Imagine this scenario. Ryu and Ken are right next to each other. At frame 0, Ryu presses roundhouse (startup time: 5 frames). This means that Ryu’s roundhouse will hit on frame 5. At frame 1, Ken presses jab (startup time: 3 frames), hitting on frame 4. In a lagless environment, Ken’s jab would hit before Ryu’s roundhouse on frame 4. But what if this were online with 3 frames of latency between each player and the server?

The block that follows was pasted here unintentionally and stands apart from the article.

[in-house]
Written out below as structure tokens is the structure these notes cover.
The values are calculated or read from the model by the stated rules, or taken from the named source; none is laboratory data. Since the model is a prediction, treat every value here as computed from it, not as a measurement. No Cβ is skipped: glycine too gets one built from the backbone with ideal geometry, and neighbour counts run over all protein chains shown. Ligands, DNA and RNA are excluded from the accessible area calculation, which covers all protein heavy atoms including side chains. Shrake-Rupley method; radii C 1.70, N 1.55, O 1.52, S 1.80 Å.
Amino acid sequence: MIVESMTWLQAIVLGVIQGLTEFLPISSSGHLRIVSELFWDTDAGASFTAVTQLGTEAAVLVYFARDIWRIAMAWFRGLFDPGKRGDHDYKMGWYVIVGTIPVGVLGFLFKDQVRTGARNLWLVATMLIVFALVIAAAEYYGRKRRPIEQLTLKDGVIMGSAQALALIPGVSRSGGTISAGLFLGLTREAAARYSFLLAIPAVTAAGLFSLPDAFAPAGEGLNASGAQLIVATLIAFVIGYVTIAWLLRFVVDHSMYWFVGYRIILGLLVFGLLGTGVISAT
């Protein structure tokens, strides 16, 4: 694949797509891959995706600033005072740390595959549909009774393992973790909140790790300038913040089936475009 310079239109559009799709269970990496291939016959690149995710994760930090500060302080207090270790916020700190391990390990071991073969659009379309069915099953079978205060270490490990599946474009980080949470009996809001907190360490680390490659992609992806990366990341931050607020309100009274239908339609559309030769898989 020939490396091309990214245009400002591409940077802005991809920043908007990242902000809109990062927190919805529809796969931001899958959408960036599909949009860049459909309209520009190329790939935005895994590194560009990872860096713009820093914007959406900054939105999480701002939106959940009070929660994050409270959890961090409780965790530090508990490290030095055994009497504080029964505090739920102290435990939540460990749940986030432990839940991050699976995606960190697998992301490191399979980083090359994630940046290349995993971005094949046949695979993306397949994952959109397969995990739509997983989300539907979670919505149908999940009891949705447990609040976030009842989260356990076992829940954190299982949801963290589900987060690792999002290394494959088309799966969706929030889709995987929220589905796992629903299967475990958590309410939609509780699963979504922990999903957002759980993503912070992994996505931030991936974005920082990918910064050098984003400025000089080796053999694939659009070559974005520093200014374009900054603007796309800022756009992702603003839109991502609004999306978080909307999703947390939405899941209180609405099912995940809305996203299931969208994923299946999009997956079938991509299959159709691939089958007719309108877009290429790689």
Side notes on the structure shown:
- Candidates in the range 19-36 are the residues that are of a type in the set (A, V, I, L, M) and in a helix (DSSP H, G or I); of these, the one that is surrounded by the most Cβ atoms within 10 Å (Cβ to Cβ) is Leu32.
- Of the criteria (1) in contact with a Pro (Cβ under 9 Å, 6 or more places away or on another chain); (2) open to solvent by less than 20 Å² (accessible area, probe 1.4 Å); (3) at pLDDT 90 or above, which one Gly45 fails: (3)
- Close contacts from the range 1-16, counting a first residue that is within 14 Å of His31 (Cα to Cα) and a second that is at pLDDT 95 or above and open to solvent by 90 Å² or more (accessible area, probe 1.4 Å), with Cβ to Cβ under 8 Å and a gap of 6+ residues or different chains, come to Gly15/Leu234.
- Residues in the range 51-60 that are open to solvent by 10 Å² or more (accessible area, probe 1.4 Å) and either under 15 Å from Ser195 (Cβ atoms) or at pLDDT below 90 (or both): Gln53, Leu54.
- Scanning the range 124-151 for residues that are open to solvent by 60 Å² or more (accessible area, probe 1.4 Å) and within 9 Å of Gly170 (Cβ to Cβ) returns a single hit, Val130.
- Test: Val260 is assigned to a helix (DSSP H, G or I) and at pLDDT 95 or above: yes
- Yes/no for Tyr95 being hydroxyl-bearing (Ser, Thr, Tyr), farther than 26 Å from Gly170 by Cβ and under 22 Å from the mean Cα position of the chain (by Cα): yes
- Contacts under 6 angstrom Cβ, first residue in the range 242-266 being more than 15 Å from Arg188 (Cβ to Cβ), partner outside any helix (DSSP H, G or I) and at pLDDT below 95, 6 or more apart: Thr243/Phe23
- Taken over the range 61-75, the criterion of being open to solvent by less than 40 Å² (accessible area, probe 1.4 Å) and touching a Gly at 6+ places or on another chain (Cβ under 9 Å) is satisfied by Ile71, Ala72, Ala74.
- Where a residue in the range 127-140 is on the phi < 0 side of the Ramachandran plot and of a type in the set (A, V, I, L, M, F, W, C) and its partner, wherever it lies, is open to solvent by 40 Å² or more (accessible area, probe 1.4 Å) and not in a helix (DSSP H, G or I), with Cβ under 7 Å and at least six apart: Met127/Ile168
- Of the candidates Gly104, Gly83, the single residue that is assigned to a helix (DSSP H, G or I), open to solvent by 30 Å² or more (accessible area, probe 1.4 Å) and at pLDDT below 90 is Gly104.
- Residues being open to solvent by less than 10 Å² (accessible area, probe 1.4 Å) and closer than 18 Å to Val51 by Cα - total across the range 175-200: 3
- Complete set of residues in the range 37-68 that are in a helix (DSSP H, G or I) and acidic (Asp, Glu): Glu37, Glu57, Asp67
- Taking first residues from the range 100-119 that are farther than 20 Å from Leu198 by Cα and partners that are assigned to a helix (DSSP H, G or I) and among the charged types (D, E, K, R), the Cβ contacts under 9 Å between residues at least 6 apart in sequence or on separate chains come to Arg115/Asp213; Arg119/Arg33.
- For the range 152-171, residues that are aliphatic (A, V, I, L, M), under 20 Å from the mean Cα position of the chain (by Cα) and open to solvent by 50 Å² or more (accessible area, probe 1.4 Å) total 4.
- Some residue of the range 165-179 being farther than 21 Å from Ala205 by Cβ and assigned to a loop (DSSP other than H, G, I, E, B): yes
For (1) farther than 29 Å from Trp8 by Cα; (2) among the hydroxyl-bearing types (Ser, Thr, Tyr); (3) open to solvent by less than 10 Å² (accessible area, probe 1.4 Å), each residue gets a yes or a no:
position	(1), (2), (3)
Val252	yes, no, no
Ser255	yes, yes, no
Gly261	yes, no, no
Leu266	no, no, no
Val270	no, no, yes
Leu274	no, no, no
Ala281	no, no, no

If this happens online, Ryu’s roundhouse button press signal wouldn’t reach Ken until frame 6 (pressed on frame 0 + 3 frames of signal travel time from Ryu to server + 3 frames travel time from server to Ken). Ken’s jab signal wouldn’t reach Ryu until frame 7 (six frames of total signal travel time), and suddenly you have three different stories going on. Ryu believes his roundhouse (pressed on frame 0, hitting on frame 5) cleanly beats the jab that was pressed on frame 8. Ken thinks that his jab (pressed on frame 1, hitting on frame 4) cleanly beats Ryu’s roundhouse (pressed on frame 6, hitting on frame 11). The server receives Ryu’s roundhouse at frame 3 (0 + 3 frames travel time), Ken’s jab at frame 4 (1 + 3 frames travel time), and thinks that Ken’s jab actually stuffs Ryu out of his roundhouse at frame 7 (1 + 3 frames startup + 3 frames travel time). If the server is authoritative (as it should be), that means that it sends the signal to both Ryu and Ken that Ken’s jab beat Ryu’s roundhouse, which will then happen on frame 10 for both of them (server says it happens on frame 7, but it takes 3 frames of travel time for the signal to reach both of them). This is probably super annoying for Ryu, who pressed the roundhouse button 10 frames ago and still gets stuffed by the jab he didn’t get until 7 frames later, when the server decides that Ken’s jab won.